Title: A New Look at Bounding Integrity Risk in the Presence of Time-Correlated Errors
Author(s): Steven E. Langel, Mathieu Joerger, Samer M. Khanafseh and Boris S. Pervan
Published in: Proceedings of the 30th International Technical Meeting of The Satellite Division of the Institute of Navigation (ION GNSS+ 2017)
September 25 - 29, 2017
Oregon Convention Center
Portland, Oregon
Pages: 2436 - 2451
Cite this article: Langel, Steven E., Joerger, Mathieu, Khanafseh, Samer M., Pervan, Boris S., "A New Look at Bounding Integrity Risk in the Presence of Time-Correlated Errors," Proceedings of the 30th International Technical Meeting of The Satellite Division of the Institute of Navigation (ION GNSS+ 2017), Portland, Oregon, September 2017, pp. 2436-2451.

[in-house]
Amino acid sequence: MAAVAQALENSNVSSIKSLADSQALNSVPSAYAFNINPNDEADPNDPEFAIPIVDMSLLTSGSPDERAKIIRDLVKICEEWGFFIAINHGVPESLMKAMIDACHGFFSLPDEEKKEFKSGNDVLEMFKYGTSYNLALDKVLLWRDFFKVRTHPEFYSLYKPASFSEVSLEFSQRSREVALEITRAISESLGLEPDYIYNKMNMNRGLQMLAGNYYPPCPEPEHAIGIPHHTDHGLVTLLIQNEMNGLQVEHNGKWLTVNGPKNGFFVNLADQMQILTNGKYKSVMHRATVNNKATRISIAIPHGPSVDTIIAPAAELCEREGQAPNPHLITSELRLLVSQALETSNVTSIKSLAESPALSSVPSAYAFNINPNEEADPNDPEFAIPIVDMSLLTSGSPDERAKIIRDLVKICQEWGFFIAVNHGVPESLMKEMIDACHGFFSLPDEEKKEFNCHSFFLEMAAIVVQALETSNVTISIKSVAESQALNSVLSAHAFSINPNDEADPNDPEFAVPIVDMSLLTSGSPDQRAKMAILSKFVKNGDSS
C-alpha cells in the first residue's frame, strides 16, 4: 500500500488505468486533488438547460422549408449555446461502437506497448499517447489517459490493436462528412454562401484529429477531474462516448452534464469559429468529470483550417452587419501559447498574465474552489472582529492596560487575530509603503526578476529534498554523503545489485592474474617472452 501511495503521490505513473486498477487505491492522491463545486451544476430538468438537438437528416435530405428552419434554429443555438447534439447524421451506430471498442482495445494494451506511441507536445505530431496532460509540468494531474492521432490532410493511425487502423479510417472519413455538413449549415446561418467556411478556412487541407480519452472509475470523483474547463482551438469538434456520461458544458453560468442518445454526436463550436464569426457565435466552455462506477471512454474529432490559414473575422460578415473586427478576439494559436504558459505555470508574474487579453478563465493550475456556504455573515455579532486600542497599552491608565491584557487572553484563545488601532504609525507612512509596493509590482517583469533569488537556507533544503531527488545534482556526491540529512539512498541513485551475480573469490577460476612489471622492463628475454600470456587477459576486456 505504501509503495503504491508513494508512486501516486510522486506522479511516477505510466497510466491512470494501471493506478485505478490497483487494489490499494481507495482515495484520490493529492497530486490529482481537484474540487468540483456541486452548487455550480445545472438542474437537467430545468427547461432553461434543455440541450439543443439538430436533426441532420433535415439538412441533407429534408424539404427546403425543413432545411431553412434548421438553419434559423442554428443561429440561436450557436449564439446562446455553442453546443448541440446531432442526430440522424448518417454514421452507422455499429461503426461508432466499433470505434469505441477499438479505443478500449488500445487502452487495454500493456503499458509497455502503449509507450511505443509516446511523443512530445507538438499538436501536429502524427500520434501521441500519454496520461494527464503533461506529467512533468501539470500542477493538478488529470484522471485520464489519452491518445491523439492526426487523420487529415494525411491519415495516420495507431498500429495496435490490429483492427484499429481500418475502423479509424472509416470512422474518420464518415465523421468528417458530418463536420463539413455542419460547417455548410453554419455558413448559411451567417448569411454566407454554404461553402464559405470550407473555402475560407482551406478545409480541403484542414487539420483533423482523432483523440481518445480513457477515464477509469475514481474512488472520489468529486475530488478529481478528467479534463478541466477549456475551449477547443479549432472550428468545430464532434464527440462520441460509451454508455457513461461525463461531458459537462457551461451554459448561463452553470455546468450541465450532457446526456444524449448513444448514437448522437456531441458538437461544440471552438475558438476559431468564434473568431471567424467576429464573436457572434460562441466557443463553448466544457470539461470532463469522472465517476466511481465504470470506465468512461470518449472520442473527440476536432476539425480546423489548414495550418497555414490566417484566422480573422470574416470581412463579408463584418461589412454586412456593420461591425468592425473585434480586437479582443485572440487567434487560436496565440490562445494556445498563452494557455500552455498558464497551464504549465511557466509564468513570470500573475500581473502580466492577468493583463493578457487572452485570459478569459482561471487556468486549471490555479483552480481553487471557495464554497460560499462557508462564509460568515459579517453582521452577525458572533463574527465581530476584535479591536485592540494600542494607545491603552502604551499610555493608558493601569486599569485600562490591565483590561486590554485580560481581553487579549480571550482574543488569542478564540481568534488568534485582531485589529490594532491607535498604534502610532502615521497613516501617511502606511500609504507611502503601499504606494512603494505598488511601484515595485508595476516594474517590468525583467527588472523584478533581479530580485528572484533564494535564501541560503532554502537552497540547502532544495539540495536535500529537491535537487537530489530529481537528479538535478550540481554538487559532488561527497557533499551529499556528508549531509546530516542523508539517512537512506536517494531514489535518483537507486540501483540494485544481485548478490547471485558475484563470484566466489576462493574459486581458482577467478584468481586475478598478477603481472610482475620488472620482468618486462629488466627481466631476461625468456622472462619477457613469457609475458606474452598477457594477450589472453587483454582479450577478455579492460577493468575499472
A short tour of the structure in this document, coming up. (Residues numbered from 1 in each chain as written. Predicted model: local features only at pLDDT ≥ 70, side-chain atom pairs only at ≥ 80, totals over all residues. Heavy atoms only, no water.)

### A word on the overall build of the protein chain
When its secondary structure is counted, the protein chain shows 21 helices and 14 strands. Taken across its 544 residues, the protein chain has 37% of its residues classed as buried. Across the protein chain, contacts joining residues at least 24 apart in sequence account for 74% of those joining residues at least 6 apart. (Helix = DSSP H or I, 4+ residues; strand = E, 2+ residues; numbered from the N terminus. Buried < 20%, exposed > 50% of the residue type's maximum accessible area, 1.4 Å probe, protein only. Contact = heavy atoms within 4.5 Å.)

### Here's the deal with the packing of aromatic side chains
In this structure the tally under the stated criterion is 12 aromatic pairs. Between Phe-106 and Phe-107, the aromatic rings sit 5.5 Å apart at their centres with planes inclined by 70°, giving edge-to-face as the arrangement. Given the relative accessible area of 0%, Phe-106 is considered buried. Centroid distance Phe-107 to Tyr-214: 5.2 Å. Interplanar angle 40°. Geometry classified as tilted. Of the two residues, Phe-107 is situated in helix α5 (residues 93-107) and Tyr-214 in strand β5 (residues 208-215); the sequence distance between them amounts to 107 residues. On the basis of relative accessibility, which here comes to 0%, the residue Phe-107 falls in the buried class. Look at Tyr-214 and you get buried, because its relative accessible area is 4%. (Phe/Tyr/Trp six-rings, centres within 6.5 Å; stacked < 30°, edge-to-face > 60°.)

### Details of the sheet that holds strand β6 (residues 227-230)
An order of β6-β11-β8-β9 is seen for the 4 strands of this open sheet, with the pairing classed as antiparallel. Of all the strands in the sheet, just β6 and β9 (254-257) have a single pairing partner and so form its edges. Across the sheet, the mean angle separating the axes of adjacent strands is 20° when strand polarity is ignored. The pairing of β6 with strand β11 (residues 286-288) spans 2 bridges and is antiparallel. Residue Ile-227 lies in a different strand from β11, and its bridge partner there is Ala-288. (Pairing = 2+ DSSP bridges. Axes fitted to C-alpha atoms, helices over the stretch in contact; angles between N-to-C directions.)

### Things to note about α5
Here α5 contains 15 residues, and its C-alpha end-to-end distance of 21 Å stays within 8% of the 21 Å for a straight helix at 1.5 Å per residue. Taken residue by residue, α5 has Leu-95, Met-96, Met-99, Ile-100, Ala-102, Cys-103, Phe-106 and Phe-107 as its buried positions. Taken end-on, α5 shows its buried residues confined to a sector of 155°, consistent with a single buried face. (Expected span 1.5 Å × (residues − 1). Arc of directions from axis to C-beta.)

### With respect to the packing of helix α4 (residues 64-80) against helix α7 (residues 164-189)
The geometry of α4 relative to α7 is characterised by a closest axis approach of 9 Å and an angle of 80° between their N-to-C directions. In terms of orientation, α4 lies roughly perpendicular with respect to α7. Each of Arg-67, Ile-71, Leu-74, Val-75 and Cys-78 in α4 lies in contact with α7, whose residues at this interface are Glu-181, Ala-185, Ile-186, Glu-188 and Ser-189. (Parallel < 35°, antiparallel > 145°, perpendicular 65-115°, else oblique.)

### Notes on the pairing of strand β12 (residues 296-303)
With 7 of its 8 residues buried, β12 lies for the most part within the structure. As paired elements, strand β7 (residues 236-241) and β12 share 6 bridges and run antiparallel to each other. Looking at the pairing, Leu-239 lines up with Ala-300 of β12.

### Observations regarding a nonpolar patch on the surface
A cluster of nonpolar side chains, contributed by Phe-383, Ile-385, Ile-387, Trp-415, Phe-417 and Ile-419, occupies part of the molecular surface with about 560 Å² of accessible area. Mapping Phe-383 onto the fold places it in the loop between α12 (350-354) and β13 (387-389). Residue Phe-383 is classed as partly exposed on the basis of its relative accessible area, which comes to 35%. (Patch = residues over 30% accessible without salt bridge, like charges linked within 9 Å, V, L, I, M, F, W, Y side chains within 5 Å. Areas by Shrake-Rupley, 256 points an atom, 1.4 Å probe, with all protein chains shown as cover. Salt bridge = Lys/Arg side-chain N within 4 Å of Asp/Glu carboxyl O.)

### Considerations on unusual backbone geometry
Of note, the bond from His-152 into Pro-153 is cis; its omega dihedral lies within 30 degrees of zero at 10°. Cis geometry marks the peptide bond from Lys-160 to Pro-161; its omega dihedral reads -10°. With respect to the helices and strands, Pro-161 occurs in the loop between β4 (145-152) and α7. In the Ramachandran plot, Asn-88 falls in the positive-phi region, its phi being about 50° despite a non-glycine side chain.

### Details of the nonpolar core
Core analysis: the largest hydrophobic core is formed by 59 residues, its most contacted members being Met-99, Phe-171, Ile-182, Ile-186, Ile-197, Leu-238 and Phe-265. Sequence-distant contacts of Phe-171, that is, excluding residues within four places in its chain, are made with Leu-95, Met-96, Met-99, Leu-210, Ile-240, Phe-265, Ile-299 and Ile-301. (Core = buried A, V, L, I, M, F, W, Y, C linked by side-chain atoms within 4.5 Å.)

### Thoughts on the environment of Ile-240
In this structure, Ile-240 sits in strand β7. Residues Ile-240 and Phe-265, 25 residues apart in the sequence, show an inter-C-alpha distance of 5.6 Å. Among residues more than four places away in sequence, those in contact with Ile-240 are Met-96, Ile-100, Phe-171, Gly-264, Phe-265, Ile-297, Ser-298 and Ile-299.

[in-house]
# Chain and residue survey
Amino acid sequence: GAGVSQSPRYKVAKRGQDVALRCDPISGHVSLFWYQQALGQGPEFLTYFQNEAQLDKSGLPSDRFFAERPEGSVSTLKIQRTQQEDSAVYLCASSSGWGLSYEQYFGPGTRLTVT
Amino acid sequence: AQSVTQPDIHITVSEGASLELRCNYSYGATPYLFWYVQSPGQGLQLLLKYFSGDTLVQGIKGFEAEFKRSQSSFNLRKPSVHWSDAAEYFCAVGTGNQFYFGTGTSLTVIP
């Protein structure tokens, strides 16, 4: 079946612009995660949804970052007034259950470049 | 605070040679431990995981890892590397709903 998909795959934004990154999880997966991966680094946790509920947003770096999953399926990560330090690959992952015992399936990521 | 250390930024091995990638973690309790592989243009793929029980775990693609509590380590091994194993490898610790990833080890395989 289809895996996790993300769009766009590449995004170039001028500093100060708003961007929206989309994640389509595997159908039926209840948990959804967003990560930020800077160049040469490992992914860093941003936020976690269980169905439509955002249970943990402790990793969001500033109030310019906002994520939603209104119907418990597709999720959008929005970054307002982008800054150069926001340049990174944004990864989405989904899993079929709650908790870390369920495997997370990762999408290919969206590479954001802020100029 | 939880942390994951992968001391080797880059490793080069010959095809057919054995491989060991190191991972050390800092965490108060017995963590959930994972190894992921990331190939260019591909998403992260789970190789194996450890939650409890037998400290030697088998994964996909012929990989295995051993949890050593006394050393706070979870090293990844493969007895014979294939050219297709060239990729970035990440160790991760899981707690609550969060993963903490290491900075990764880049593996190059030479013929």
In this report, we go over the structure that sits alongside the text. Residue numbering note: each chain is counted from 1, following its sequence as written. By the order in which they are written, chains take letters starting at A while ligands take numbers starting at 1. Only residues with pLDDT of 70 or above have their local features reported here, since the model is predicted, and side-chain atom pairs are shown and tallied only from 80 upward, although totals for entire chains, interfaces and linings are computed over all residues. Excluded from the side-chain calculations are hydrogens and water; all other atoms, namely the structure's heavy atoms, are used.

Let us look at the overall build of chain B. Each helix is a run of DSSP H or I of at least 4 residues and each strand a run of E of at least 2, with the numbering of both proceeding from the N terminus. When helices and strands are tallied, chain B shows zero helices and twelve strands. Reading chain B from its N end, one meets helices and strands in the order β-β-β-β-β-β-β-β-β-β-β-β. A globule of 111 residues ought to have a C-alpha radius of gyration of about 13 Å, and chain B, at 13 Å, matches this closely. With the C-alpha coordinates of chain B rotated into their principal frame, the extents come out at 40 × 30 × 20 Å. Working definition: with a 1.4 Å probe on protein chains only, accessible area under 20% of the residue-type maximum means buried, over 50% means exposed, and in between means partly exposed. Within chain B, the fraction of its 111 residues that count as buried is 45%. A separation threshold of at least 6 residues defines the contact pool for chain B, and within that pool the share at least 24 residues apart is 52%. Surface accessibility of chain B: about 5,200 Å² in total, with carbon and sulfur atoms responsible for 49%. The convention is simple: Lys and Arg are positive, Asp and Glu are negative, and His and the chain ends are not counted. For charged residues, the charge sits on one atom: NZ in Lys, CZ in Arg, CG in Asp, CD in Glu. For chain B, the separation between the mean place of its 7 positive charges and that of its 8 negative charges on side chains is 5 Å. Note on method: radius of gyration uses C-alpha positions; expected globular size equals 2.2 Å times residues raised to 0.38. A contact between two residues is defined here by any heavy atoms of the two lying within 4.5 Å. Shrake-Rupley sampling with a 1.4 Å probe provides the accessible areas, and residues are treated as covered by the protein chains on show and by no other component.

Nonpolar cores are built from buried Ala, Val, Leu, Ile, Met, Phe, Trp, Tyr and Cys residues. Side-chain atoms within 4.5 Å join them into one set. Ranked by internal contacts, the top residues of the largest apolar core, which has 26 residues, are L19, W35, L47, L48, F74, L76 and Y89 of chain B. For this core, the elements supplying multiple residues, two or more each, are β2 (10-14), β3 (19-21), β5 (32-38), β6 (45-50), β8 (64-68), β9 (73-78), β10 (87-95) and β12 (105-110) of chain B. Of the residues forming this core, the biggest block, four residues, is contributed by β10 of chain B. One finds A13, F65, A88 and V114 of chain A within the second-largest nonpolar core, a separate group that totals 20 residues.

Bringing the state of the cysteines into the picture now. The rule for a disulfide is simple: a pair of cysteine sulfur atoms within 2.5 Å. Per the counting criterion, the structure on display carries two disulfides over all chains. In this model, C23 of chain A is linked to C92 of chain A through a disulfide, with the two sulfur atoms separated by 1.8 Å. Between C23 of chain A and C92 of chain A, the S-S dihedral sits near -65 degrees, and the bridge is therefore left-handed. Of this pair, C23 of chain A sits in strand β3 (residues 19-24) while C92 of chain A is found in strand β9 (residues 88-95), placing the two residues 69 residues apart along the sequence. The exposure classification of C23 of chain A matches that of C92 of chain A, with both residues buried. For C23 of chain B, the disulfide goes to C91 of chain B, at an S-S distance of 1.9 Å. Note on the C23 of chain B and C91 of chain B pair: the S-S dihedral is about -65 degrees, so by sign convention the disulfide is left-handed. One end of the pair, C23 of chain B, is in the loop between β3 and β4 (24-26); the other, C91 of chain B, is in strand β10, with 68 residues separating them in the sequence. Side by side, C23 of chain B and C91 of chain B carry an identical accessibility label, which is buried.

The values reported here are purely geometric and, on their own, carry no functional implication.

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Abstract: A new approach is developed to upper bound integrity risk for safety-critical GNSS applications when the autocorrelation functions of measurement and process noise are uncertain. The algorithm is recursive and significantly expands the applicable range of existing methods. In Kalman filtering, models must be specified for autocorrelated measurement and process noise. This paper assumes that the noise processes are the output of known linear systems driven by white noise. However, the system parameters are only known to lie in specified intervals. Following the approach in [6], an augmented state model is first developed to propagate the estimate error covariance matrix when there is parameter uncertainty. It is shown that the error variance for a specified state is a polynomial in the unknown parameters whose order grows linearly with time. An exact upper bound on integrity risk is determined by maximizing the variance. Next, a recursive algorithm is derived to update the variance’s Taylor series expansion. This enables an approximate bound to be established by maximizing a polynomial whose order is low and remains fixed over time. The Taylor remainder theorem is used to introduce conservatism and provide justification that the approximate bound is at least as large as the exact bound. For a one-dimensional navigation problem, we show that the number of series terms needed to obtain a tight upper bound on integrity risk is less than 10.